The University of Pennsylvania's campus is entangled in enduring evidence of Old Philadelphia and the glossy steel and glass of new medicine. Brick and mortar facades, dark and soft-edged, lay in the shadows of new construction racing the sun to the apex of the sky.
On the second floor of the nineteenth century constructed Houston Hall, we met in a room named for Benjamin Franklin.
No one forced the teachers to be here yesterday. No one paid us to go.
The currency, the bartering chip, was in the writing, the reflection, the sharing...the conversation we made.
Teachers from the Philadelphia public schools and the surrounding region met to share and write their stories. We are makers, and in the act of exposing reality, transforming reflection, and challenging the status quo we invest more in ourselves and our profession than any promise of salary.
The message yesterday was that teachers must share their stories.
The voice of education is the least heard, the last asked for. Don't wait to be asked. As keynote speaker, Meeno Rami said, "You think that? You believe that? Why don't you share that?"
To my teacher friends, the public dialogue about education is already happening...with or without you. Take part in it. Share the good news. Share a lesson. But write it down so that it lives on and becomes a part of the public record.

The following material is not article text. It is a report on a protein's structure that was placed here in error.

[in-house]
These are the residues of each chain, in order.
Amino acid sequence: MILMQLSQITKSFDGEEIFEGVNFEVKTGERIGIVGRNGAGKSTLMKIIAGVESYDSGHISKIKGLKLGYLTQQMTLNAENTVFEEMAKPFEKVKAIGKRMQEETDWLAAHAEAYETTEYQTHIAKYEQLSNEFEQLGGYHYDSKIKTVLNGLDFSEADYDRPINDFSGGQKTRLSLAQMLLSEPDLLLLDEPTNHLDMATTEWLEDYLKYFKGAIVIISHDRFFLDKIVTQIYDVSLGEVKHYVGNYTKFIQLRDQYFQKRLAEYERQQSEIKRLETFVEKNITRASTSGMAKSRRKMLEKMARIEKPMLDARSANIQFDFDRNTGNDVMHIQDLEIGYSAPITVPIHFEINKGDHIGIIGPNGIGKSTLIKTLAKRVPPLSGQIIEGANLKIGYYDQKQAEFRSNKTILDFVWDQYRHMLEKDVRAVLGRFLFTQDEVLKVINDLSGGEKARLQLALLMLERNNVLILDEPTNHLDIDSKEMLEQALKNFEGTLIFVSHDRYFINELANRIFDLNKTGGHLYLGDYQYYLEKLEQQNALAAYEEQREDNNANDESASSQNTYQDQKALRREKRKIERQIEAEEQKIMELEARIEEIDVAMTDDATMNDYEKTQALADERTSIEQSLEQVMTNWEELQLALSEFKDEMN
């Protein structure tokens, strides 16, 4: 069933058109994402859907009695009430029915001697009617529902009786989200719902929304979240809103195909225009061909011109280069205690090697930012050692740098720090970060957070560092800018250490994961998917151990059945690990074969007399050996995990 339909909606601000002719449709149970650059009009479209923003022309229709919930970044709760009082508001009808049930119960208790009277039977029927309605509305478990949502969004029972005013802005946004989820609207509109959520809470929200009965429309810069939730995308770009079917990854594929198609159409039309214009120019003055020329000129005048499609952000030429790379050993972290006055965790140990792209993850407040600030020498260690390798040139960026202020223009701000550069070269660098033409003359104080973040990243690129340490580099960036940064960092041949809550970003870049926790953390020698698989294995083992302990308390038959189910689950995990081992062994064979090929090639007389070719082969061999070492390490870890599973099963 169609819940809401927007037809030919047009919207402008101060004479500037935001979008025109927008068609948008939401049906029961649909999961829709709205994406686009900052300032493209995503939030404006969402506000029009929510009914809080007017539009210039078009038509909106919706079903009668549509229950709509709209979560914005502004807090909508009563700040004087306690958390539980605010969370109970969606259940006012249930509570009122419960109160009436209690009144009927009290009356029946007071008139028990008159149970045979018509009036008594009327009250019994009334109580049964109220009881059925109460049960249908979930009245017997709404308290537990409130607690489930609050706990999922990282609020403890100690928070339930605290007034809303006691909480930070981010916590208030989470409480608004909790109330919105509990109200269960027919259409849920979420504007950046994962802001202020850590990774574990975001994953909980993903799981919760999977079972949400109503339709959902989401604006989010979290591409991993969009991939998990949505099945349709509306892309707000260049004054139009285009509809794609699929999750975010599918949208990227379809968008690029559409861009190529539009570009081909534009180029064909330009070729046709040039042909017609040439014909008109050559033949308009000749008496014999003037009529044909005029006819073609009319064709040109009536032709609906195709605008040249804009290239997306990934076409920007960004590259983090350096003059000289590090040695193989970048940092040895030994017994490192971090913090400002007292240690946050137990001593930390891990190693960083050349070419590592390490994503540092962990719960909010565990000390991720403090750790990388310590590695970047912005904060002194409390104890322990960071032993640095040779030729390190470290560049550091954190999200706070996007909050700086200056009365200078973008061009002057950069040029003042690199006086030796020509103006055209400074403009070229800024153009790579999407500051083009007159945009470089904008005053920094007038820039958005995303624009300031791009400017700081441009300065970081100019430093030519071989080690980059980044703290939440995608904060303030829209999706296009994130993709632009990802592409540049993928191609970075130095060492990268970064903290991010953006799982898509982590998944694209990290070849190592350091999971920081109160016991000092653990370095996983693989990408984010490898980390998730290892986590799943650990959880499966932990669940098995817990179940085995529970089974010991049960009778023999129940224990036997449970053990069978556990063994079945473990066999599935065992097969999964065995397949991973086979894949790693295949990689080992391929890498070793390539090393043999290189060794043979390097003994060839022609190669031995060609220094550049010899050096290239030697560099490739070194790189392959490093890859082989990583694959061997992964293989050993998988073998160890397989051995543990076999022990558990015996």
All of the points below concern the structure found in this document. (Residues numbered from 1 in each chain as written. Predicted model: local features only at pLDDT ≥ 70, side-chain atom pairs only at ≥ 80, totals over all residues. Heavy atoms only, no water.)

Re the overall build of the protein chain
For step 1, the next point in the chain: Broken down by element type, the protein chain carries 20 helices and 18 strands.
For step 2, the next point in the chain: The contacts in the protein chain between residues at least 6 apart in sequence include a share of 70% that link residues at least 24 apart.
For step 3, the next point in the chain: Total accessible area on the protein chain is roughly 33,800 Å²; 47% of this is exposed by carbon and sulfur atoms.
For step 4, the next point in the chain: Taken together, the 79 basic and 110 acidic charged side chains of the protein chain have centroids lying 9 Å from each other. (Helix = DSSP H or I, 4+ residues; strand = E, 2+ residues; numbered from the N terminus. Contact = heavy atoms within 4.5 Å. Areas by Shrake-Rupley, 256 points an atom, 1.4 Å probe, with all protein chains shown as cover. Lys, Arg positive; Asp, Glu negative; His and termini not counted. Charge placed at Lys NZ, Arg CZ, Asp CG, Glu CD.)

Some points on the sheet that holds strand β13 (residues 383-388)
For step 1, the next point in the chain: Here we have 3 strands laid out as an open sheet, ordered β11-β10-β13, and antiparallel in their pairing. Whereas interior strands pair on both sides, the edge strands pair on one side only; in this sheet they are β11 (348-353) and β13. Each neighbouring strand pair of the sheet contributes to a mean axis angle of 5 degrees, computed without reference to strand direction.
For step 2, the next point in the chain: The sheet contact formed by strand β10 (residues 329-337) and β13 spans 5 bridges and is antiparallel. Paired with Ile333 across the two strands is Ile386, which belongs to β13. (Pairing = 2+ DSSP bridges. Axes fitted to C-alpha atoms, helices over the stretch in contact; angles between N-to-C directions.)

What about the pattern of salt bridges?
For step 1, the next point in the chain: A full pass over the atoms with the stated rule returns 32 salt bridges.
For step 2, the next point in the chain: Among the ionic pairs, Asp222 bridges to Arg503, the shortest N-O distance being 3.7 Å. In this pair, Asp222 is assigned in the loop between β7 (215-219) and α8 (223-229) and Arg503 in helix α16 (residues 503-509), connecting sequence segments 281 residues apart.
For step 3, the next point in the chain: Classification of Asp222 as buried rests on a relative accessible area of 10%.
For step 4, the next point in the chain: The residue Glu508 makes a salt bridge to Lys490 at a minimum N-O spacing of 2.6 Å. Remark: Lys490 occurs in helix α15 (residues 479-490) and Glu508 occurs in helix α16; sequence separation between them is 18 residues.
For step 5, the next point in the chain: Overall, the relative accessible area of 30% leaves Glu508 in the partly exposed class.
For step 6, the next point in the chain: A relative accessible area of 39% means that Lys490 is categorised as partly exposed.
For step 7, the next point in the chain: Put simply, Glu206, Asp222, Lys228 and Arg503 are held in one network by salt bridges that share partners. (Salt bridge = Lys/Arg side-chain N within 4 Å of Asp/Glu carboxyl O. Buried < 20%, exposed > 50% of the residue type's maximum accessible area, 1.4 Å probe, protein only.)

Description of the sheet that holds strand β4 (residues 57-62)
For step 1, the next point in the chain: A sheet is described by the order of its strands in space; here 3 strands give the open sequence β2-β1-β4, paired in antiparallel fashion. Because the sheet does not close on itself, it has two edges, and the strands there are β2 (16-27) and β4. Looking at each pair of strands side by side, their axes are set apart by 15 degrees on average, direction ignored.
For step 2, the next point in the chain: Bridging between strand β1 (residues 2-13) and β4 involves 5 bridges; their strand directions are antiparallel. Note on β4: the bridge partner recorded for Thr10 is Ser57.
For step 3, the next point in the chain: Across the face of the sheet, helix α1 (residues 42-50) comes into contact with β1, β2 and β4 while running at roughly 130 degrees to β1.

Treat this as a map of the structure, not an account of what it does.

If we do not share our truths then those who do not know will make up their own truths about us.
And for many, that may be the only truth they ever read or know...so then it must be true.
Associate professor Dr. Luke Rodesiler found me through my online writing--through my willingness to share my story, my successes, my failures. Dr. Rodesiler travelled the country to meet with five educators who he found doing similar things online: me, Meeno Rami, Gary Anderson, Cindy Minnich, and Sarah Andersen. Together, we used the research and our experiences to collaborate on an article that we will be published in the July issue of English Journal: Transforming Professional Lives Through Online Participation. We also have the same material submitted to NCTE as a proposal for presentation at next year's conference.
None of that would have happened for any of us if we were not sharing our story. The payoff isn't in royalties. The payoff is in the seeds planted by writing. As Rami suggested yesterday, the act of writing, the act of reflection more specifically, "is an act of self-care."
Care for ourselves individually, yes, but even more importantly, care for our profession.
Tell the good stuff. Celebrate who you are and what you do. Celebrate your colleagues.
If we can come together on this, it will have a far-reaching impact on the perception of education. Otherwise, Arne Duncan, Bill Gates, Michelle Rhee...M. Night Shamalan (of all people, a mediocre film director has a voice in education and maybe you do not...are we now sharing the same angst?) will continue to thrust a skewed, false story into the eyes and ears of the public.
Tell our story. Share your story.
Every one counts.